If there is one thing I have learned more about at school this quarter, it’s desire. I don’t mean desire in the traditional sense, but desire as the basis of all human emotions. You can take a step back and look at all of your decisions and realize that it is desire that either drives you to complete your goals, or keeps you from accomplishing them.
You may say that it isn’t desire, it’s willpower that keeps you on your path to success, but I would have to disagree. So would Wendy Farley, a world renowned philosopher and theologian. She says that willpower is weak against the force of desire, and that only a stronger desire can replace another desire. Put simply, this means that if you are someone who has trouble sticking to a strength program or restrictive diet, it’s not that you don’t have the willpower, you don’t have the desire. Your desire to get stronger or lose weight has to be greater than your desire to go drinking every night and sleep in until noon every day.
Like I have written about before, willpower can’t stand up to the force of desire. I may not feel like writing a blog article every day, but my desire to have a successful site is stronger than my desire to be lazy (and THAT desire can get really strong).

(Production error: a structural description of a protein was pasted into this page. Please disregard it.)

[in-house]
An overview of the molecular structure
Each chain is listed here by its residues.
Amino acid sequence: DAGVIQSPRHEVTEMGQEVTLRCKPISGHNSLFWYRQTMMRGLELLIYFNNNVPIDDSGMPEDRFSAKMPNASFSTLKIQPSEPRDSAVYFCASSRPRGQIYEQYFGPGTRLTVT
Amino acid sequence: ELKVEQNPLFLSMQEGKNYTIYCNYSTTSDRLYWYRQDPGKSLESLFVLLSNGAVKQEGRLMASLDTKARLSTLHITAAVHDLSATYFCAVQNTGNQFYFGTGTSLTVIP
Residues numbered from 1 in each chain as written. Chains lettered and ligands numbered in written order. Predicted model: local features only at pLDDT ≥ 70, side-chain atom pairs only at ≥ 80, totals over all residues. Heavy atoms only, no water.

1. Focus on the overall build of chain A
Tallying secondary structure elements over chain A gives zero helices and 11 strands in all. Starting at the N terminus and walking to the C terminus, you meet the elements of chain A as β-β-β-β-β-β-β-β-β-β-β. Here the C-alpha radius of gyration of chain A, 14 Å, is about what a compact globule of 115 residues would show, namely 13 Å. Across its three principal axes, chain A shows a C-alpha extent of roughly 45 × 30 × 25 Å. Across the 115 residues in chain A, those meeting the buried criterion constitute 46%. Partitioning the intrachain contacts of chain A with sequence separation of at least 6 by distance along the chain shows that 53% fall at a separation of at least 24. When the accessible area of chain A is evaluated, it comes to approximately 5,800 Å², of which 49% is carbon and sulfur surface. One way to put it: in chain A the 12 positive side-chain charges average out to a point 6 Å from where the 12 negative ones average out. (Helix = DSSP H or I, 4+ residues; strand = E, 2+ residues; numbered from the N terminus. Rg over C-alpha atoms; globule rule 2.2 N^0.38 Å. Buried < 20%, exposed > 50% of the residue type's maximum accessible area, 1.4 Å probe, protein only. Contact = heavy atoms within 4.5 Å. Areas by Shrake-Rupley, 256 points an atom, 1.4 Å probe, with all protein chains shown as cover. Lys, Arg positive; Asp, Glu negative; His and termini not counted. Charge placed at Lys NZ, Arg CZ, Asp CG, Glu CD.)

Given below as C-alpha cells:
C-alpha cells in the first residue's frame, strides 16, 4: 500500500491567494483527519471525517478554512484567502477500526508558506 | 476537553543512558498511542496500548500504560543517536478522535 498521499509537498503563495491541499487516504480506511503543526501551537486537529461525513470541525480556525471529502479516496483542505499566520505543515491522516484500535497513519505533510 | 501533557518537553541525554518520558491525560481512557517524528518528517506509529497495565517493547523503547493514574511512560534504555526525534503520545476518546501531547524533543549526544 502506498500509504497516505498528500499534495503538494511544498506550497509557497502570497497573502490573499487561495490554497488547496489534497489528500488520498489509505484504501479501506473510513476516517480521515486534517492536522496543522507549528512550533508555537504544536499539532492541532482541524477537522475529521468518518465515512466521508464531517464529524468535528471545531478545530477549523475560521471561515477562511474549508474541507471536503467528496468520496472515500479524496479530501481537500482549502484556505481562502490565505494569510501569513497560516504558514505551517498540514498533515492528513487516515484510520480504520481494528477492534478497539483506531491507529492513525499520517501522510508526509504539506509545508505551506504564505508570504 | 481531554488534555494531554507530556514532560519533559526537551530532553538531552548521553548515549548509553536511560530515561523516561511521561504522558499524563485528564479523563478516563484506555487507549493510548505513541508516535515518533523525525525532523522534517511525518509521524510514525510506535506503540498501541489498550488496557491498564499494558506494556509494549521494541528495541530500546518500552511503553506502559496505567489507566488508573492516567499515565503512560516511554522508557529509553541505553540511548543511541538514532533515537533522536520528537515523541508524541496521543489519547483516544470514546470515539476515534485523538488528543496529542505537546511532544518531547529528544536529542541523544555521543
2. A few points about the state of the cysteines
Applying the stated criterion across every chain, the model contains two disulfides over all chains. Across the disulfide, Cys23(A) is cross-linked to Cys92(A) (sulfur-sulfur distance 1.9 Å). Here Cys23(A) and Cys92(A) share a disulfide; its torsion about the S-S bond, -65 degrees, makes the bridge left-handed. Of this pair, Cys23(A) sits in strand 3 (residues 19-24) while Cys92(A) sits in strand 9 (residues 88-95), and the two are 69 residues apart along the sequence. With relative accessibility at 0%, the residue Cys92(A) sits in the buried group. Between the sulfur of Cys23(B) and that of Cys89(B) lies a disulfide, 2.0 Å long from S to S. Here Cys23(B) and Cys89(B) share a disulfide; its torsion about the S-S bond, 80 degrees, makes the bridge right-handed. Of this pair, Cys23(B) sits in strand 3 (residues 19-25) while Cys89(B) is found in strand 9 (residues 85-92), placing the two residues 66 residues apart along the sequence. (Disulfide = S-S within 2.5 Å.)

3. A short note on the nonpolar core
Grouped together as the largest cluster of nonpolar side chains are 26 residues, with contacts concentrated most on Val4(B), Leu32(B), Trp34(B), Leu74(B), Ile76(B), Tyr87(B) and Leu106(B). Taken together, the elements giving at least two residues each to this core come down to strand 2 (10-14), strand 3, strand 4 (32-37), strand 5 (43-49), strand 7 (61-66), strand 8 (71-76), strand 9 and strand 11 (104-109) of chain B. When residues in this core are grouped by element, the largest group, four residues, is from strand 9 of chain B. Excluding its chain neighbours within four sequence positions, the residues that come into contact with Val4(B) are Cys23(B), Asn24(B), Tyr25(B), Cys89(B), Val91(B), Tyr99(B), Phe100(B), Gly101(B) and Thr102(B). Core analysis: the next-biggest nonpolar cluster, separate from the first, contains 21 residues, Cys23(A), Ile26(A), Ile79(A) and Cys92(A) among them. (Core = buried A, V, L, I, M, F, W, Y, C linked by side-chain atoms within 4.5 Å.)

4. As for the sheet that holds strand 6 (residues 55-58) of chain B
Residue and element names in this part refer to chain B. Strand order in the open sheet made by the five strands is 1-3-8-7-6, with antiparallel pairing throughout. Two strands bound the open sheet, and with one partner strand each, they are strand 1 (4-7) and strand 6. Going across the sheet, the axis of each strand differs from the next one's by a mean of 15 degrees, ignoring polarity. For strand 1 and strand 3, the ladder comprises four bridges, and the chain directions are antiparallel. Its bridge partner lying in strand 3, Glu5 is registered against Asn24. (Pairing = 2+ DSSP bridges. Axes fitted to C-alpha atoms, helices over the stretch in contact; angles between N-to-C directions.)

Another interesting facet of desire is that it’s a flame that will never be extinguished, it is just human nature. This is why when you finally reach that 6 months goal of a 2.5x bodyweight squat, you aren’t satisfied with it. You just set another goal. You are programmed to desire, whether its knowledge, material wealth,or a big TOTAL score; it doesn’t matter. Whether you are the world’s strongest man or a Tibetan monk high up in the mountains, you are being driven by desire for something more.
Realizing that desire is at the root of all your actions is important for athletes as they set their goals. Some athletes may feel sadness when they reach their goals because it didn’t bring the complete happiness that they thought it would, it simply made a stronger desire. That feeling can be described as a fear that there is nothing better than that moment of success and a fear that there won’t be another moment like it in the future. It is important to remember that a healthy desire is one that does not undermine ethical relationships between human beings.
Keeping your desire strong and rooted in the path to success will help you to achieve great things, just remember that when you get to the top, you will still be searching for a higher mountain to climb.
Wendy Farley, The wounding and healing of desire (Louisville: Westminster/John Knox Press, 2005